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Site content related to keyword: "pollution"

Journal article "Hydrogeologic controls on groundwater discharge and nitrogen loads in a coastal watershed"

A recently released article “Hydrogeologic controls on groundwater discharge and nitrogen loads in a coastal watershed” by the Journal of Hydrology details the results of a joint groundwater simulation and water quality sampling study that focused on submarine groundwater discharge (SGD) to Indian River and Rehoboth Bays, part of Delaware Inland Bays.

B21D Using Numerical Models to Assess a Rapid Infiltration Basin System (RIBS), Cape Henlopen State Park, Delaware

B21D Using Numerical Models to Assess a Rapid Infiltration Basin System (Ribs), Cape Henlopen State Park, Delaware

The long-term performance of rapid infiltration basin systems (RIBS) and their potential impacts on the receiving environment have been previously unknown for Delaware. A variety of field experiments were conducted to characterize the geology and hydrogeology of a RIBS facility that has been in operation for more than 20 years at Cape Henlopen State Park. Pairs of standard monitoring wells and short-screened multi-level wells were used to evaluate the significance of small-scale vertical variability in water quality. A three-dimensional transient groundwater flow and contaminant transport model was constructed to simulate the groundwater mounding and the movements of nitrate-nitrogen (NO3--N) and orthophosphorus (OP) in the groundwater. In the numerical model, NO3--N was treated as a reactive species and denitrification was simulated with a first-order degradation rate constant. The major mechanism affecting OP transport in groundwater is sorption/desorption, which was simulated using a linear sorption isotherm. Simulated concentrations reasonably fit observed concentrations of NO3--N and OP in both standard wells and multi-level wells. The calibrated model predicts that with a denitrification rate of 0.006/day and a distribution coefficient of 4×10-7 L/mg, 63 percent of the reduction in the mass of NO3--N is attributable to denitrification, and more than 99 percent of OP is detained in the aquifer due to sorption on subsurface solids. However, the long-term operation of RIBS has led to a reduction of the sorption capacity of subsurface solids for phosphorous, resulting in significant concentrations of OP in groundwater adjacent to RIBS.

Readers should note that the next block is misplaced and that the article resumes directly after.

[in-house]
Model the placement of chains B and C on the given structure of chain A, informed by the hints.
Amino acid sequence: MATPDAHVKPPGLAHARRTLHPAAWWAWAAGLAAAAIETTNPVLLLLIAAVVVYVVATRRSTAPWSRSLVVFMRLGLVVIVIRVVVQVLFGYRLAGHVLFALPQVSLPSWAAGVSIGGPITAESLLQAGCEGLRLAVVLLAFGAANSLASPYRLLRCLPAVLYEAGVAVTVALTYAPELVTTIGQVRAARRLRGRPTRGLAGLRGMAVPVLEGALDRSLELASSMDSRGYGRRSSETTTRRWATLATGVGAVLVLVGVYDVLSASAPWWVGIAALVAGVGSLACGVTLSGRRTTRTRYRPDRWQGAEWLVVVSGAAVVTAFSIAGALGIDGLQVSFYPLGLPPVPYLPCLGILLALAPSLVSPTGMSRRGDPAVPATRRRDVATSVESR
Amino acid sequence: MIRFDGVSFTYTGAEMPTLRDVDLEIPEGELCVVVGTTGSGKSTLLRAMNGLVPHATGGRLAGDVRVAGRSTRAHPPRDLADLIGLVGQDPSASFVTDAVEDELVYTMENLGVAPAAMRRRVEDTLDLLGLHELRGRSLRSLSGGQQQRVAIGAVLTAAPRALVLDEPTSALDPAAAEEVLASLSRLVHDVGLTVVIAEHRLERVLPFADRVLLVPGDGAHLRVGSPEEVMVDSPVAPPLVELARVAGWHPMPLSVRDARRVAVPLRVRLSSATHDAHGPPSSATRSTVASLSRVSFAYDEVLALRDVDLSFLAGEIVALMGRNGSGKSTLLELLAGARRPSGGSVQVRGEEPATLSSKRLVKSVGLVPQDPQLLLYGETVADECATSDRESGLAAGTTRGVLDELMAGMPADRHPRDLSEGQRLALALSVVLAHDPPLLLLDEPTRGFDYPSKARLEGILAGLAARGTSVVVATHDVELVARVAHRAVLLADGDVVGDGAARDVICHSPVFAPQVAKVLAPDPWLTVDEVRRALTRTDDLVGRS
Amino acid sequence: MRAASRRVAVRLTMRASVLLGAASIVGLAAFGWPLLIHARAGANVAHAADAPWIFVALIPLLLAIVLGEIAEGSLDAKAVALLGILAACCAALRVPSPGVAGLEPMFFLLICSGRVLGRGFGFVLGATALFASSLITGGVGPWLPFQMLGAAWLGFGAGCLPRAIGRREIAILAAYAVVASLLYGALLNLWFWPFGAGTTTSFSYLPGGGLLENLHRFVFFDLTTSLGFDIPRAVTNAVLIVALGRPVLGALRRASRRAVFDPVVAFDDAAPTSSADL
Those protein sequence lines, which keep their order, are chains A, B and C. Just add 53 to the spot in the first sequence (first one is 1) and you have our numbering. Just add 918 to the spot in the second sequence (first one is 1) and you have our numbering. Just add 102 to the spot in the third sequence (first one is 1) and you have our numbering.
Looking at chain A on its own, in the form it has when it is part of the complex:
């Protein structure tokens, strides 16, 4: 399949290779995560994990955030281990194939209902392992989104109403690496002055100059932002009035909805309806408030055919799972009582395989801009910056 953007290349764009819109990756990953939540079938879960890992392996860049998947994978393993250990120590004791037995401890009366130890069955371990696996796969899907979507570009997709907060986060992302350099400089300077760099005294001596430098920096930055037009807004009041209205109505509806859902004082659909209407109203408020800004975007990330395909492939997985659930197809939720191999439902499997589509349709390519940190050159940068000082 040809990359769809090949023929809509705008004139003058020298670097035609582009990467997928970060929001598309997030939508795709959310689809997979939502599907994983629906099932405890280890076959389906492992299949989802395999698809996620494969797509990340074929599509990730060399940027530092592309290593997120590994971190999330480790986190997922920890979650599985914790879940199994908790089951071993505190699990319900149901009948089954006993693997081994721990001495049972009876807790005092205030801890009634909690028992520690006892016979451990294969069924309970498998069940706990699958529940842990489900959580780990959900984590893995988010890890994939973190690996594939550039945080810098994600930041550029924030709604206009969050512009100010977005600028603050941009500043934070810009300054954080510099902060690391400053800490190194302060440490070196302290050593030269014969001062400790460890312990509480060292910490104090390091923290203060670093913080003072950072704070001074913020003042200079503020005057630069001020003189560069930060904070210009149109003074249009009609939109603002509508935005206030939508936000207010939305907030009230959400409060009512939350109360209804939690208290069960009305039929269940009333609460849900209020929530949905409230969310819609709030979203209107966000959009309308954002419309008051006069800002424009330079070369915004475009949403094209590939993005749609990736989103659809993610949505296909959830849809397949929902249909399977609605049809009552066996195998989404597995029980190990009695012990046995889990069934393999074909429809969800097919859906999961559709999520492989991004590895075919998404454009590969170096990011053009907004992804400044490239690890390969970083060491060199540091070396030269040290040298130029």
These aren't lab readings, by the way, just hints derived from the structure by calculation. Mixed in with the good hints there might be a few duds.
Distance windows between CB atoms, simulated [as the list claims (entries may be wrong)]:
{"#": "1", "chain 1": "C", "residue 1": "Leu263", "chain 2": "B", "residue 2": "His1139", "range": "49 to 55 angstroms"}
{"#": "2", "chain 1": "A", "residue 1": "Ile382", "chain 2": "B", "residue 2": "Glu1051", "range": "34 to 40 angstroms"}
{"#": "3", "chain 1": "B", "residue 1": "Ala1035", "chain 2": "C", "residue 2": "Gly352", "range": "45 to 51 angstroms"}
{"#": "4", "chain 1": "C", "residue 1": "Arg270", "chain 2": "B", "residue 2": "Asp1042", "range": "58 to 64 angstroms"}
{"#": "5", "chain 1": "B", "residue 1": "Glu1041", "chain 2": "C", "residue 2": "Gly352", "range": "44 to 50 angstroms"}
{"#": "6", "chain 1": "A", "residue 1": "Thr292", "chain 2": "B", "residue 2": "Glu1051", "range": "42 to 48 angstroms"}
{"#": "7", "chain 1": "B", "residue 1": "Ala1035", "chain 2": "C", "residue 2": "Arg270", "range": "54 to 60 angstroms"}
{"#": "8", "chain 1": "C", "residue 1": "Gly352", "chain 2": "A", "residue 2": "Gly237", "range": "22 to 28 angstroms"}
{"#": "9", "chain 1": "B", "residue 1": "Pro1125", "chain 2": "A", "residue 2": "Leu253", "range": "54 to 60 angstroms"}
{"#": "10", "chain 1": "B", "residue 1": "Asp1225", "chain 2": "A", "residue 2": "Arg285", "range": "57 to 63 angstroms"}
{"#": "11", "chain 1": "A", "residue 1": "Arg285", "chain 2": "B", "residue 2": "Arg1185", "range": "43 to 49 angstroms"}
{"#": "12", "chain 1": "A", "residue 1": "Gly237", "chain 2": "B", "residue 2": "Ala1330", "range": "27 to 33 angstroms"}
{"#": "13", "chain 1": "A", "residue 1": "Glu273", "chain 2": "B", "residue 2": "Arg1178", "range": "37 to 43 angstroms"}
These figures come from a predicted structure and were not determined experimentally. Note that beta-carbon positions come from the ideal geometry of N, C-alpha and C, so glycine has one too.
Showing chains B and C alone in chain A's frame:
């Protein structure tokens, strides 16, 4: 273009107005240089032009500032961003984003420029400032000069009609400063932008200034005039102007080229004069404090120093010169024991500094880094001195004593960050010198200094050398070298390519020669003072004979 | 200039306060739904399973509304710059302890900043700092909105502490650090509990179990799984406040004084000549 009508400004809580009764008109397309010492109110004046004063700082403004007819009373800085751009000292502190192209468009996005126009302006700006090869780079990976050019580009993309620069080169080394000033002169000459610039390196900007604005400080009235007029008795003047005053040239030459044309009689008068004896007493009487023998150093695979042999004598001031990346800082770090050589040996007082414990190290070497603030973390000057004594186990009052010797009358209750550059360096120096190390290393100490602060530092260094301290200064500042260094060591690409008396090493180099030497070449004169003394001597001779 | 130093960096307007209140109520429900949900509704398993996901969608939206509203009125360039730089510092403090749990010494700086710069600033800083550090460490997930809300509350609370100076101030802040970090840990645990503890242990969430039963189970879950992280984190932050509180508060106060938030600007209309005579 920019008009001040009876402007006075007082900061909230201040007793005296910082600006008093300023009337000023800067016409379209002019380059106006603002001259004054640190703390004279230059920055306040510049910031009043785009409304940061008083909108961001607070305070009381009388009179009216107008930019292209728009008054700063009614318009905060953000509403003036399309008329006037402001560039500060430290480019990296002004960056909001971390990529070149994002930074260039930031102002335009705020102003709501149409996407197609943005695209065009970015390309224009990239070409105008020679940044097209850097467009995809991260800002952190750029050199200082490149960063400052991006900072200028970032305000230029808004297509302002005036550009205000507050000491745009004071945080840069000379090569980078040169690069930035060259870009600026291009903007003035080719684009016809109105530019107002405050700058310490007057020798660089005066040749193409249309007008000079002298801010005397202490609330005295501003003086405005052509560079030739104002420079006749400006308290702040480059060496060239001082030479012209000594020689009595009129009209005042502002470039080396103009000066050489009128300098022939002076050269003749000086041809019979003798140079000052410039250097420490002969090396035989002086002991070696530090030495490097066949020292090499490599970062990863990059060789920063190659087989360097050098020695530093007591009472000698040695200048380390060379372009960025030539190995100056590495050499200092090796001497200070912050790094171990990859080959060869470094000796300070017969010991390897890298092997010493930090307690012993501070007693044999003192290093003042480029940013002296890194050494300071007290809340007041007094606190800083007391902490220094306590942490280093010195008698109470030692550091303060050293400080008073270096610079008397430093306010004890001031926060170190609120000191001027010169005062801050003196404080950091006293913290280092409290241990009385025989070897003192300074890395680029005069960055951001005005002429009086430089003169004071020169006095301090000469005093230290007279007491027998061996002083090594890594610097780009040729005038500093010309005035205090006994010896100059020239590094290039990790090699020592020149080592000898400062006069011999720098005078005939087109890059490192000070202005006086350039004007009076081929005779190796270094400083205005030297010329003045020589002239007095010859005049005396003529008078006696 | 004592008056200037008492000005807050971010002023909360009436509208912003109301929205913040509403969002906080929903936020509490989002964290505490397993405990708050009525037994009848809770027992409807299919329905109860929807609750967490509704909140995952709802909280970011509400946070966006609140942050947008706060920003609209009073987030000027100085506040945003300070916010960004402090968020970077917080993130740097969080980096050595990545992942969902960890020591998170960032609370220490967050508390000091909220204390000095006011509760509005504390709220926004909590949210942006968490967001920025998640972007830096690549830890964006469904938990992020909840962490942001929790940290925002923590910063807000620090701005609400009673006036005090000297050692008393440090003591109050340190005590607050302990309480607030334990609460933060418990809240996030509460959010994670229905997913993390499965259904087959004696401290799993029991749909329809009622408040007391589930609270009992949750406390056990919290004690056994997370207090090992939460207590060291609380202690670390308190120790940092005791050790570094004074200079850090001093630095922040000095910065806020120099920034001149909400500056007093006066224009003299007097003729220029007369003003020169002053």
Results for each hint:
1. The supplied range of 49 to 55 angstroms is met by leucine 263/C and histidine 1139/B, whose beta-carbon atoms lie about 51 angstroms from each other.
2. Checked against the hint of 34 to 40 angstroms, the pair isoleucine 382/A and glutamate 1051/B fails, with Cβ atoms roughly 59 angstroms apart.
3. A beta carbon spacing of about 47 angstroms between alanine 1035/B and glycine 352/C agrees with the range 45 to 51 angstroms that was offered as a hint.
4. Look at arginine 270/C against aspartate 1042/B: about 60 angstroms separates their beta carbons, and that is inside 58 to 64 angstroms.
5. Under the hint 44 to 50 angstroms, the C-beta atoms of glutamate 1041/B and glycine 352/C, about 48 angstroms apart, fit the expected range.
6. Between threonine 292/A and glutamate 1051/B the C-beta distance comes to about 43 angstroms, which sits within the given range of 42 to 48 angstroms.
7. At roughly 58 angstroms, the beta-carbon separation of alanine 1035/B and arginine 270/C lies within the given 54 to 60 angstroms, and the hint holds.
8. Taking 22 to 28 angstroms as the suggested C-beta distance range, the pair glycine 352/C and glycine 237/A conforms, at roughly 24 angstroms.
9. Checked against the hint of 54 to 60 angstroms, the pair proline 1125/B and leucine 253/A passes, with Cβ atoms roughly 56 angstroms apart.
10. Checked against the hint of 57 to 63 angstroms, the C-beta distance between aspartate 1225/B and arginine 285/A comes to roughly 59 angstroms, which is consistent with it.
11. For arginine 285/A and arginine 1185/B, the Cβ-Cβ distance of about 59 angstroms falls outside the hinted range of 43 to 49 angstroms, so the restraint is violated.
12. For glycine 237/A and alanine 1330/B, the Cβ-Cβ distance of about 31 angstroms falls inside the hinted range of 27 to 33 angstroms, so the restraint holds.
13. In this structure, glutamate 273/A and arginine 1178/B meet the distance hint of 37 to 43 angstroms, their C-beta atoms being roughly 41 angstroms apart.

Delaware Geological Survey Issues Report on Groundwater Monitoring and Water-Quality Impacts of Rapid Infiltration Basin Systems

The Delaware Geological Survey released a new technical report entitled “Groundwater Quality and Monitoring of Rapid Infiltration Basin Systems, Theory and Field Experiments at Cape Henlopen State Park, Delaware” which was prepared by A. Scott Andres and Changming He of the Delaware Geological Survey, Edward Walther of the South Water Management District, Florida, Müserref Türkmen of the Izmir Water and Sewerage Administration, Turkey, and Anastasia Chirnside and William Ritter of the University of Delaware. DGS Bulletin 21C documents the results of a detailed study of groundwater quality at a rapid infiltration basin system.

B21C Groundwater Quality and Monitoring of Rapid Infiltration Basin Systems (RIBS), Theory and Field Experiments at Cape Henlopen State Park, Delaware

B21C Groundwater Quality and Monitoring of Rapid Infiltration Basin Systems (RIBS), Theory and Field Experiments at Cape Henlopen State Park, Delaware